As a child, did you ever have to give up a practice that meant a lot to you? Maybe it was drum playing, or cave exploring, or baking sinfully rich desserts. Have you ever wondered what life may have been like had you continued this practice? Fuller, more meaningful, perhaps? Sorry. Like many of us, you may never know.
Your child doesn’t ever have to wonder. She has time to explore interests to her heart’s content. If those interests lead her to fulfillment and meaning, thank goodness nothing else forces her to turn her back on them. And there’s no reason those deep, abiding interests can’t become the centerpiece of her education.
Said another way, pursuing those interests can help her learn how to learn. Every interest carries a rich history, every interest incorporates a body of knowledge necessary to its practice. Many interests lead to other interests. Furthermore, asking our children to know something about everything in this Information Age is, as today’s schoolmen admit, impossible.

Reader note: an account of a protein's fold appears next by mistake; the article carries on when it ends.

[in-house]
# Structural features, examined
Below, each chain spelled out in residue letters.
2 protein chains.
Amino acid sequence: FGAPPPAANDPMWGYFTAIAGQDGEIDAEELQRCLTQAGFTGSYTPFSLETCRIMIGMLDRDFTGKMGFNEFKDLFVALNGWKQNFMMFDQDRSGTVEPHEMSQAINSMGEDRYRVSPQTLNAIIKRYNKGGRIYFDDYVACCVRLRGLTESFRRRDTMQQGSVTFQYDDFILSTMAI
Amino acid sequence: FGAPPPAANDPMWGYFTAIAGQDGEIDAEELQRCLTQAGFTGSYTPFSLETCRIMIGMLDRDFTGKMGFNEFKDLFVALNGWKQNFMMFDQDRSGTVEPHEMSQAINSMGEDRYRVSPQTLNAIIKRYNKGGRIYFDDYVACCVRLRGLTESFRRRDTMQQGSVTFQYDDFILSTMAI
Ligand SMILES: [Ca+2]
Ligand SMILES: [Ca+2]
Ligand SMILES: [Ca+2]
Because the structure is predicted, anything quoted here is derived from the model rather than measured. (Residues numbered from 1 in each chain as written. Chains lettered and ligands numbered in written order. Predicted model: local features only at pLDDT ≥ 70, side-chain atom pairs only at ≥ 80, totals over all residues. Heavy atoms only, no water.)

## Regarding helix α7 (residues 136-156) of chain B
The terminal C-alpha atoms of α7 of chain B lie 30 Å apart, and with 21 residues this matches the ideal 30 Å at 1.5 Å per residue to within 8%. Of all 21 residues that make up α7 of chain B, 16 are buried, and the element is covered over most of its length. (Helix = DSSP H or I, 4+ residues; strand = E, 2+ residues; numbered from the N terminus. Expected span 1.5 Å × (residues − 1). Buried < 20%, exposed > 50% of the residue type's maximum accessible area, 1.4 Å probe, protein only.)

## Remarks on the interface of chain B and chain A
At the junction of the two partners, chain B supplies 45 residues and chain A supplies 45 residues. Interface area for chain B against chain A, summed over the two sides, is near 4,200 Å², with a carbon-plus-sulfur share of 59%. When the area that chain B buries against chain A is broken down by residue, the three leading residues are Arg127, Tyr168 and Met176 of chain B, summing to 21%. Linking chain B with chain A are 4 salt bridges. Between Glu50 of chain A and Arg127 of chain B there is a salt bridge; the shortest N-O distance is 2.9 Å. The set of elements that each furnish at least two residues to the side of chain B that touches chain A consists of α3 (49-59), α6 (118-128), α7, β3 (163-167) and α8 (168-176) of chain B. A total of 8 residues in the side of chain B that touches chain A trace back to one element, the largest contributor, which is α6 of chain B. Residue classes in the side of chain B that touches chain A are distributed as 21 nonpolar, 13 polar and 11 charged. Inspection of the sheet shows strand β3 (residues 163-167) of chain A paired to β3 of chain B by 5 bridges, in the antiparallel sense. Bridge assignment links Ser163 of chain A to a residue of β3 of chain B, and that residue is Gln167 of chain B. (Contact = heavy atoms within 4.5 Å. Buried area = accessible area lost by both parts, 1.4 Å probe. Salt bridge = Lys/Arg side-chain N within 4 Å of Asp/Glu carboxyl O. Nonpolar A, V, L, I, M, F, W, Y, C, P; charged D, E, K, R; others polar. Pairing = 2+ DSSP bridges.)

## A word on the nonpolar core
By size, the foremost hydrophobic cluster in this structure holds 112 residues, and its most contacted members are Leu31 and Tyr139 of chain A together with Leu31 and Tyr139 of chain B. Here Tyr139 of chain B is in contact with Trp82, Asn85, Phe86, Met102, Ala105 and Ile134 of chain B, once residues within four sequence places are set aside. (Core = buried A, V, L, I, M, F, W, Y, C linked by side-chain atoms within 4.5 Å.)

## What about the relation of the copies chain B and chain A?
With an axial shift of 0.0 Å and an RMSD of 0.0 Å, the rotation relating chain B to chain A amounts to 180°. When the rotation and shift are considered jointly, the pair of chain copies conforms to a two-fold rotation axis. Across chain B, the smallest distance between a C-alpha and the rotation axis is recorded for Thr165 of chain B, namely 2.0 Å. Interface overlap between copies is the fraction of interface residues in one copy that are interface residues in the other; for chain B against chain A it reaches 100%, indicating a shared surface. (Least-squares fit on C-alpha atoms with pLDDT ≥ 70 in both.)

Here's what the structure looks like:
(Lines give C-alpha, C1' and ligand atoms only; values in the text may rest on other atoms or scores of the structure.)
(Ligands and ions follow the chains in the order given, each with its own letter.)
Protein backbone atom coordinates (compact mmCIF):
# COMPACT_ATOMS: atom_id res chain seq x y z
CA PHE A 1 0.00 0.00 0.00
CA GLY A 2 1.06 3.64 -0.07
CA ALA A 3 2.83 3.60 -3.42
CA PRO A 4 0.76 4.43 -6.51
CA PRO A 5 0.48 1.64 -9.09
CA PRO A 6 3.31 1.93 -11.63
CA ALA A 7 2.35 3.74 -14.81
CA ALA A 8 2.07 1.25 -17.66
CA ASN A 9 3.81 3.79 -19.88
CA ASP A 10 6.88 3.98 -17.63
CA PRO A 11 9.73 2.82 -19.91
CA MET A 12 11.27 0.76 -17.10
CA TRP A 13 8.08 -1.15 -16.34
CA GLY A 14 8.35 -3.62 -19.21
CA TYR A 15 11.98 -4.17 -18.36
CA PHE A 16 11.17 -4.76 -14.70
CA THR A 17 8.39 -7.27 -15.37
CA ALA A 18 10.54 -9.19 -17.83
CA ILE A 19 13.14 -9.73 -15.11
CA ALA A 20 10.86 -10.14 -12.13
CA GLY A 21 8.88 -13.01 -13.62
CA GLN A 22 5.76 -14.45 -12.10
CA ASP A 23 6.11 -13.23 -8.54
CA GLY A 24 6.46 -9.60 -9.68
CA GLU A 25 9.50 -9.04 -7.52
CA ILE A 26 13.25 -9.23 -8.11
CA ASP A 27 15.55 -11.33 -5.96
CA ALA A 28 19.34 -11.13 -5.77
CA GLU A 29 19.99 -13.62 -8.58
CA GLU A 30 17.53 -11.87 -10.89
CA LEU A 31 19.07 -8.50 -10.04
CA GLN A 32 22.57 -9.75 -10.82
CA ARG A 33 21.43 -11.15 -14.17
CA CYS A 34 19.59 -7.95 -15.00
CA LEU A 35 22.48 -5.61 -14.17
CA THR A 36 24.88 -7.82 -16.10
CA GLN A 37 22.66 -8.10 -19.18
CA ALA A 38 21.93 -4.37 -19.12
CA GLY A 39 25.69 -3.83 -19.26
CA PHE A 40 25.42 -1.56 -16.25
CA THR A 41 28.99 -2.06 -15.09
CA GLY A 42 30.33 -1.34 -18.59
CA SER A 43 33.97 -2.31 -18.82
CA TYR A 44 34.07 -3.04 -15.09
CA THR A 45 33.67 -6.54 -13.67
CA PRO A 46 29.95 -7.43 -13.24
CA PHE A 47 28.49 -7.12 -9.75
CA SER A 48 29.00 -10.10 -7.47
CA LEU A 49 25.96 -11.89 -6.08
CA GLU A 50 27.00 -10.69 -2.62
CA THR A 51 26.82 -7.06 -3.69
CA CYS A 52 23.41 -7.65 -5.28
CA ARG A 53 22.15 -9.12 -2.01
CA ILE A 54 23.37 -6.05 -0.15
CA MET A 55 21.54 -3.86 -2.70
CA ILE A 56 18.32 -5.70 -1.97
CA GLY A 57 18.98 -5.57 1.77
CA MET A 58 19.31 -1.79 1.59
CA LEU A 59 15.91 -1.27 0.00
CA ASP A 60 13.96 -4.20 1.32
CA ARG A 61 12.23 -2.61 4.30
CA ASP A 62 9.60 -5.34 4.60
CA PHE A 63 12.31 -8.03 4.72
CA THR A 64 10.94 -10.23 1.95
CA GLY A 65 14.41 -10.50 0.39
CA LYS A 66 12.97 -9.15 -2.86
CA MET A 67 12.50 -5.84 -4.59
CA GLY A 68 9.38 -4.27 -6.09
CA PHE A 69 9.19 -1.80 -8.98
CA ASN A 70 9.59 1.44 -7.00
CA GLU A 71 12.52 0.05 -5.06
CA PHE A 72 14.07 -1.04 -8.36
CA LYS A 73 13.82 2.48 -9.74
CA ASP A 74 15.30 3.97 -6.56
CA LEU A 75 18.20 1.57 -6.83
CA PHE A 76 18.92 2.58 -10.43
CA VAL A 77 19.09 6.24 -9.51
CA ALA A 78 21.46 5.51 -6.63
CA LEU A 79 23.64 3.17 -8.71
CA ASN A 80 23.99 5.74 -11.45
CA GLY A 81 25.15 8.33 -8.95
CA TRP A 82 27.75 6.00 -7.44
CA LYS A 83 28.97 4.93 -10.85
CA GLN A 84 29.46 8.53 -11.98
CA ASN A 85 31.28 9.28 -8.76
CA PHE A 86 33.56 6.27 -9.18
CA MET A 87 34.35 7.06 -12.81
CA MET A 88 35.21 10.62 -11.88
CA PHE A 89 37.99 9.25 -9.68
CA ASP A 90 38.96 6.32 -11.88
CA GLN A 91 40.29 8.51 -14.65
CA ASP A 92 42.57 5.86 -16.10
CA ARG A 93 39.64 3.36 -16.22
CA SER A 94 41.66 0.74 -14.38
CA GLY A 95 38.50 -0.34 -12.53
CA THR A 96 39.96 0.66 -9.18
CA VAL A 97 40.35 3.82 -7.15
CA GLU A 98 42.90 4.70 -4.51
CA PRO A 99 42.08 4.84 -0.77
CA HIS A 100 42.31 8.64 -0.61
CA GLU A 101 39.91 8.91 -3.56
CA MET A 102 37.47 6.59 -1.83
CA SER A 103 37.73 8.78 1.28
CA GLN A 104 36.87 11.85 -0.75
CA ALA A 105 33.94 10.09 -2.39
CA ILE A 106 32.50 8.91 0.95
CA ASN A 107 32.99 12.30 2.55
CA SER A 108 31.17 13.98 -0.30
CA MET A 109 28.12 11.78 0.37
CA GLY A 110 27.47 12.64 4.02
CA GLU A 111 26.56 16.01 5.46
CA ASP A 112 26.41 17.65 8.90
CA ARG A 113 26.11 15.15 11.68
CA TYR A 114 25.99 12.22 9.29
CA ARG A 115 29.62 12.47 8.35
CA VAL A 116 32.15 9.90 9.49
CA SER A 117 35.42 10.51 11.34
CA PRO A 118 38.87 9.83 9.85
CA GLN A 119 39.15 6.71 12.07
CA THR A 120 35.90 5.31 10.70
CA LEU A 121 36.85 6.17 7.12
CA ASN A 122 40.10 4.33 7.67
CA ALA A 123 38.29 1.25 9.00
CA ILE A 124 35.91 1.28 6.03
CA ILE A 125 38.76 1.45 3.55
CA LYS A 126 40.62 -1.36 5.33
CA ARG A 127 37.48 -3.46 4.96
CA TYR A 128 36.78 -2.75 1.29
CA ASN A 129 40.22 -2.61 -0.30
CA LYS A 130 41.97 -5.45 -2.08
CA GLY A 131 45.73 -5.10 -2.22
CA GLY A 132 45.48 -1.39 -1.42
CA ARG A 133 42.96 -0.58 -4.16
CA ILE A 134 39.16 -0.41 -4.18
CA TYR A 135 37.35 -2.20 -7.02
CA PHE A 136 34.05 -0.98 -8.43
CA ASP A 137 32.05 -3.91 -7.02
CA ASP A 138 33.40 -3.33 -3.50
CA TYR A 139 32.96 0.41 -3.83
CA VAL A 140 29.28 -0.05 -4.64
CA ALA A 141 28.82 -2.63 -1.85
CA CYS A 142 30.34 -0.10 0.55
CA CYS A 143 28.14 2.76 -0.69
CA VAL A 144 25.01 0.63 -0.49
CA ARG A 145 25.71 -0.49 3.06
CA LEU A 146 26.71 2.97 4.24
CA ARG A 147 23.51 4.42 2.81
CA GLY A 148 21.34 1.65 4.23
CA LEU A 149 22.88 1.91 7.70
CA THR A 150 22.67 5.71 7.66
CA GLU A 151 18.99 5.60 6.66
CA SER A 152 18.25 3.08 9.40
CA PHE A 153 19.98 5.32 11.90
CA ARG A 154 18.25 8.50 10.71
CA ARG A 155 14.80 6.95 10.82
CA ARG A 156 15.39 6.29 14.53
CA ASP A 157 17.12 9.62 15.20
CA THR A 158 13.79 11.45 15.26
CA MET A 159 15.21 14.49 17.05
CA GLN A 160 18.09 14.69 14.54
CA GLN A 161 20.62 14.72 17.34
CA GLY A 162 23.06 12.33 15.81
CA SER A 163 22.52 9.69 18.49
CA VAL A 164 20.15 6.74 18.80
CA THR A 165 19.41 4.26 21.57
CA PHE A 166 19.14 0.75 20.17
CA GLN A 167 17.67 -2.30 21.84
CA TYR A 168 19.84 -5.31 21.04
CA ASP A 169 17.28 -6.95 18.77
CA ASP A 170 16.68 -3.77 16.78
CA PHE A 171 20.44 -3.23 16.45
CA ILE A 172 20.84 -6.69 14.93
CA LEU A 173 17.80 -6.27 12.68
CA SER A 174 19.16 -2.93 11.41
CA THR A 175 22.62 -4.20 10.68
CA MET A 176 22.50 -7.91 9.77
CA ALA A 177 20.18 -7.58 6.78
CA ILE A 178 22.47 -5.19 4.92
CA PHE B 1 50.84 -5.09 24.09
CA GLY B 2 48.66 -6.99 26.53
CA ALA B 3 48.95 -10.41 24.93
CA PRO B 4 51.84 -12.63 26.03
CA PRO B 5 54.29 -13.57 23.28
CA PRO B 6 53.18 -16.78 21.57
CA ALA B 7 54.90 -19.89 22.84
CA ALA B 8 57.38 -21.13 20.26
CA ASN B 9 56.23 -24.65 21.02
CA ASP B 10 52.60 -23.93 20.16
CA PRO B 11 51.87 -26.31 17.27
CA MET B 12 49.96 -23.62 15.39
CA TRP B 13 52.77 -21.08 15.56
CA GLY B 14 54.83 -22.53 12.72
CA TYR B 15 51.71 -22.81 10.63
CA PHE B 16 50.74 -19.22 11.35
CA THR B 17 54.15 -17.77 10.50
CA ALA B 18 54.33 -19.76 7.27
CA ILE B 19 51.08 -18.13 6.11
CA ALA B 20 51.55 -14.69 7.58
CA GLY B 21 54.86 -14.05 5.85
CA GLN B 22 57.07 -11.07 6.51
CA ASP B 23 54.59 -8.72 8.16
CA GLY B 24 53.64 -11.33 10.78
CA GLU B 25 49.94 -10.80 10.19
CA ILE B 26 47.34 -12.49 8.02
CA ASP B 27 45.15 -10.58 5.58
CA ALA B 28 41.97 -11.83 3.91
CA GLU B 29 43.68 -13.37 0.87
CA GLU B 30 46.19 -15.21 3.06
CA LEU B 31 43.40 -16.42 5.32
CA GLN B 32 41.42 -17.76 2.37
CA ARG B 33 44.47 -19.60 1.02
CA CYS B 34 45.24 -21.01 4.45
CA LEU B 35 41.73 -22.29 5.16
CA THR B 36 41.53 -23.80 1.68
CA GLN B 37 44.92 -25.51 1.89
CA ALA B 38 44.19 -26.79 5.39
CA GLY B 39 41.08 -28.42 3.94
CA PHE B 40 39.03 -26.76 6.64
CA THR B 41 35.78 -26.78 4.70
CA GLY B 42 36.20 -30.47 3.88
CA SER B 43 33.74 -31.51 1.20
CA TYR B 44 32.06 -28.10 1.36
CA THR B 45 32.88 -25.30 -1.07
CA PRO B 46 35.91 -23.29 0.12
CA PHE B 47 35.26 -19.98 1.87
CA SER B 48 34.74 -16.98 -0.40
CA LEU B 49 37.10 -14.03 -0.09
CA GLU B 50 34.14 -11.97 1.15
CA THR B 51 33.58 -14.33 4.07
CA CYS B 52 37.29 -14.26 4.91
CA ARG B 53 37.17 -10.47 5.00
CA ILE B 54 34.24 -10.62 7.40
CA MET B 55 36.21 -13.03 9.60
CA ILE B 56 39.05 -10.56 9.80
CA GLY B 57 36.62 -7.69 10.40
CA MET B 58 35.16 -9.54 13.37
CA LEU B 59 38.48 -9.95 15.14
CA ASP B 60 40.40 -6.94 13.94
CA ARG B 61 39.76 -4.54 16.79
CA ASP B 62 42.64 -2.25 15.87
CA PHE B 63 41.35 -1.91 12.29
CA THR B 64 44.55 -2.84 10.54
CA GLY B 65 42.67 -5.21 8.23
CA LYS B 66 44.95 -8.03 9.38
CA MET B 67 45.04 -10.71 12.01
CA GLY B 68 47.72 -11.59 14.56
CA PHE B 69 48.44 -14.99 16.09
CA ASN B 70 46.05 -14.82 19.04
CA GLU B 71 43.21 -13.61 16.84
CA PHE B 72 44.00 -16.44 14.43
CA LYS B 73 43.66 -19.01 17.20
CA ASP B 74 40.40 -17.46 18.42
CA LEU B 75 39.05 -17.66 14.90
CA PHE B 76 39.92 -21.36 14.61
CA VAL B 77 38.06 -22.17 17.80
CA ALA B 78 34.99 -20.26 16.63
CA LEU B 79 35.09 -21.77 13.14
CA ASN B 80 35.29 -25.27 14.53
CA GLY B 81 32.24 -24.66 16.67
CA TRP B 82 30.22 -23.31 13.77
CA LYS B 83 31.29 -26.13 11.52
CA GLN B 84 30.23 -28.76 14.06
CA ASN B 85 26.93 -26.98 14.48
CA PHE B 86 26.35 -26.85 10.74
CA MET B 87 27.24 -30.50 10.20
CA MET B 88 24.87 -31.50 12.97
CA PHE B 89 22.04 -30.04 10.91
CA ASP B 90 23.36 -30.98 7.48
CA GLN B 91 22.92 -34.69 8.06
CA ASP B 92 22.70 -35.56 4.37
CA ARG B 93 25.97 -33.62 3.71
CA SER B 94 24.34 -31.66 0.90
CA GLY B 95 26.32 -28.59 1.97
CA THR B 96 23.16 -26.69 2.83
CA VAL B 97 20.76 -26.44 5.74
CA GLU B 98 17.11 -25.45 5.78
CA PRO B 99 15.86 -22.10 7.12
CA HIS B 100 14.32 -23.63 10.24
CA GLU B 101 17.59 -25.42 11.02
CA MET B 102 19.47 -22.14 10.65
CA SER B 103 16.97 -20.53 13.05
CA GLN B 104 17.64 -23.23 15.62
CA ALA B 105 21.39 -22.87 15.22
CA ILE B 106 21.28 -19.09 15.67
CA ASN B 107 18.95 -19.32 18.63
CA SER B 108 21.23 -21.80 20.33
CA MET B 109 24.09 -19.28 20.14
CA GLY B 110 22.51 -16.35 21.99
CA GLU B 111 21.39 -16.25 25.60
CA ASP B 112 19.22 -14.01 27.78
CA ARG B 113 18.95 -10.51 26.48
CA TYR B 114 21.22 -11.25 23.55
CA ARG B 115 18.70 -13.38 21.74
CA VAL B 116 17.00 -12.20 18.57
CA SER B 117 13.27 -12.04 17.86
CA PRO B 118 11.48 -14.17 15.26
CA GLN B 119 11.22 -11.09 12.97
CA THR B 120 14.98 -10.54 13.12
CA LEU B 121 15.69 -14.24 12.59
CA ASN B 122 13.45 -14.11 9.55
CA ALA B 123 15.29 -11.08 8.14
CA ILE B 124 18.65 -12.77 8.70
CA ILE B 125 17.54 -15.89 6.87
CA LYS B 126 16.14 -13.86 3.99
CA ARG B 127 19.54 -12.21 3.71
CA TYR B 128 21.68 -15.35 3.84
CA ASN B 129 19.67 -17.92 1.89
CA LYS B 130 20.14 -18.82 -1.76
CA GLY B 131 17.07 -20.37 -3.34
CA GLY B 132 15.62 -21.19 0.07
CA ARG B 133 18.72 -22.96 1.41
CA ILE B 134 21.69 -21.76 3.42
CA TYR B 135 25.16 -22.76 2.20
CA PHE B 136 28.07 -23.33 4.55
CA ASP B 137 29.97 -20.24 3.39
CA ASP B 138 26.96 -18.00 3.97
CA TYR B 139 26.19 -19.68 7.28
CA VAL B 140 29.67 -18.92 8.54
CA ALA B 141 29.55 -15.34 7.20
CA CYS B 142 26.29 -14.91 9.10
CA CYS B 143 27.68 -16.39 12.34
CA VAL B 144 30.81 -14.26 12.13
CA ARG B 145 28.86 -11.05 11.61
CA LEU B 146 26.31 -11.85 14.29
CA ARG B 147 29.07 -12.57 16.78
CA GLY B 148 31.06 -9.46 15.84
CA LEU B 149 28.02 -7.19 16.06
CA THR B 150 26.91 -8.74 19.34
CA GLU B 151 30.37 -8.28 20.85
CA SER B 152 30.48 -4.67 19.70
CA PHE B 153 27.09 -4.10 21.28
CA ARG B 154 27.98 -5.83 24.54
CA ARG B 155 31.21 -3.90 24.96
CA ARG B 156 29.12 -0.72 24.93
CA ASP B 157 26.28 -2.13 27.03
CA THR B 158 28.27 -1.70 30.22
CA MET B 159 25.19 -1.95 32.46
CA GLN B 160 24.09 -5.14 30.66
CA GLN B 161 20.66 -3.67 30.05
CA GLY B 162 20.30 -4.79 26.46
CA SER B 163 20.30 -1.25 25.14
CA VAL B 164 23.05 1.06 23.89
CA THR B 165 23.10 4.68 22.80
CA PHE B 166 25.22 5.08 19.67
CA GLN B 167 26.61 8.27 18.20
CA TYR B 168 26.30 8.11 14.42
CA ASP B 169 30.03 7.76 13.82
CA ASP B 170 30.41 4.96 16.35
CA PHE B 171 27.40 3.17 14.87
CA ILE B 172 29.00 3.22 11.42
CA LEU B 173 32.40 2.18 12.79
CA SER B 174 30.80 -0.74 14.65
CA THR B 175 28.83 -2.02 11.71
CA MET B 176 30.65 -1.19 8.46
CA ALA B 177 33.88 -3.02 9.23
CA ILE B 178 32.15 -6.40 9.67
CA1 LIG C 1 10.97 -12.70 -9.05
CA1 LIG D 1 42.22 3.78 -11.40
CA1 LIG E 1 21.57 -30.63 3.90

You can subject your child to school’s shot-gun approach to information (lots of rapidly-fired, scattered tidbits, chosen by bureaucrats in political ivory towers). Or, by learning at home, your child can employ an archer’s approach: One arrow, purposefully chosen by the archer, and well aimed at a meaningful target. He opens wide the door to self-initiated learning based on individual interest. Your child dodges stress and failure and hits meaning and success. Best of all, he acquires another universal life skill. He learns how to learn, and applies this skill in myriad situations throughout his joyful learning journey.
~~ From The Art of Education: Reclaiming Your Family, Community and Self, Linda Dobson, 1995